Thanks to its tech-oriented industry and the residents’ penchant for green living, San Francisco has become a hub for electric cars, standing out as the second best city for electric cars according to a study looking at the best cities for electric cars. The city boasts about 122,400 EVs, the second highest number of electric vehicles in the nation. Even more, if you’re an EV owner and you rent in San Francisco, you’re in luck. Close to 7% of apartment buildings in San Francisco have EV-charging capabilities, which means you can easily charge your electric vehicle at night.
The city has taken great strides to encourage EV takeup so much so that there are currently 290 miles of HOV lanes or about 15% of the total length of highway lane mileage. Moreover, a third of the public transit in San Francisco runs on clean energy.
4. San Francisco is a significant higher education center
San Francisco is outstanding, thanks to the high percentage of locals who have a college degree (58%). That’s mainly due to the city and the Bay Area being a center of the sciences and the arts. A high number of educational institutions are located here, including San Francisco State University and the University of California, which operates UCSF Medical Center – one of the best hospitals in California and a major local employer. The University of California, Hastings College of the Law is the oldest law school in California, and it’s also located in San Francisco.
5. The arts found a welcoming haven here
San Francisco also shines brightly when it comes to its art scene, whether we’re talking about the performing arts – with its theaters and live performance venues – or its museums that host numerous contemporary works of art. There are also various public artworks and murals that dot the city, contributing to the artistic feel of the place. It’s no wonder San Francisco was named the second best place for bohemian workers, according to a Storagecafe’s report on best metro areas for bohemians. In fact, about 4.3% of the local workforce is composed of artists.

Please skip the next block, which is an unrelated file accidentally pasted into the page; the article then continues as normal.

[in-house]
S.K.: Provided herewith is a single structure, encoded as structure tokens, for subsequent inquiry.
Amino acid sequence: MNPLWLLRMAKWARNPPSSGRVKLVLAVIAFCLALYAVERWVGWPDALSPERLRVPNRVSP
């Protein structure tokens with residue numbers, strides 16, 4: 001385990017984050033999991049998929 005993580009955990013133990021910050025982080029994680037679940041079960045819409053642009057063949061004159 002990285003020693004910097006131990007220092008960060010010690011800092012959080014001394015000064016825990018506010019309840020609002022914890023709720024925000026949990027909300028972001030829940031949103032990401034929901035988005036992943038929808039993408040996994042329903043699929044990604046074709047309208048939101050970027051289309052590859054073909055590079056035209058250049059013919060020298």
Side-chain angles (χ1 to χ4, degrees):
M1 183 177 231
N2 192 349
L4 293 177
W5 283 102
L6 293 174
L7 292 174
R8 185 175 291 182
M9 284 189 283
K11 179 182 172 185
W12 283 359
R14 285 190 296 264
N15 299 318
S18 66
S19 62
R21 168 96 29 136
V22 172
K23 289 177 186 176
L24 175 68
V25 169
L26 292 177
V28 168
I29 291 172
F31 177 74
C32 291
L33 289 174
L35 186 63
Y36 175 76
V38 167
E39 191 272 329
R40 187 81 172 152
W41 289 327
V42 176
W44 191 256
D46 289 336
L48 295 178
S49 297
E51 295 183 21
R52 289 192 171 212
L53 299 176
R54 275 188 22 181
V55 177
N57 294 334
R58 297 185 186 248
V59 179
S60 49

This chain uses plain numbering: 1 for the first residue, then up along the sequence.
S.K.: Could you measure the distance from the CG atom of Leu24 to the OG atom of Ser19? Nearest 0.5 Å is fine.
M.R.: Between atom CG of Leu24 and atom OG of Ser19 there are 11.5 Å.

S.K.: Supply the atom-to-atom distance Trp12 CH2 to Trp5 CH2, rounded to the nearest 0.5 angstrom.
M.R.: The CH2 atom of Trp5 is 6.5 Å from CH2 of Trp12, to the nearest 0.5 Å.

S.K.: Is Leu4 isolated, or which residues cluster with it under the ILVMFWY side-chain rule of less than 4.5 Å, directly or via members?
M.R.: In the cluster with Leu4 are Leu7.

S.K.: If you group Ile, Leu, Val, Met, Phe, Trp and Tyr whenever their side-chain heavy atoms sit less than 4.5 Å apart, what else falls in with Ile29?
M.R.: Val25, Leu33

6. Tourism is part of the city’s identity
Thanks to the city’s portrayal in music, film and pop culture, tourism is big in San Francisco. Famous attractions include the Golden Gate Bridge and Alamo Square Park, where you can find the renowned “Painted Ladies” – both making an appearance in the Full House sitcom. Lombard Street – the famous crooked street – and Pier 39 also feature high on the tourists’ favorite San Fran destinations.
Besides typical tourists, San Francisco started attracting conventions in the 1970s, which added to the local tourist industry and boosted the hotel industry. Convention districts such as Yerba Buena and the commodification of the Castro District contributed to a thriving tourist economy.
7. Self storage can help you get settled into your new San Francisco home
Once you get settled into your new San Francisco home, make sure to find an organizational system to help you keep all your belongings in order. You’re in luck if you found a larger home with plenty of storage, but you’re more likely to have a home that’s less generous in this department. That’s according to a recent report on home storage options. To help you keep a more organized home, you can turn to self storage. You can rent a 5’x10’ storage unit to keep bulkier and seasonal items. If you have larger items to store, such as furniture and appliances, you can choose a 10’x10’ unit. If you’re not sure which unit size you need, you can consult this storage unit size guide. Renting a self storage unit in San Francisco costs you about $270/month.
Moreover, if putting some of your belongings in storage isn’t enough to help you keep clutter at bay, you can always look out for local home organizers.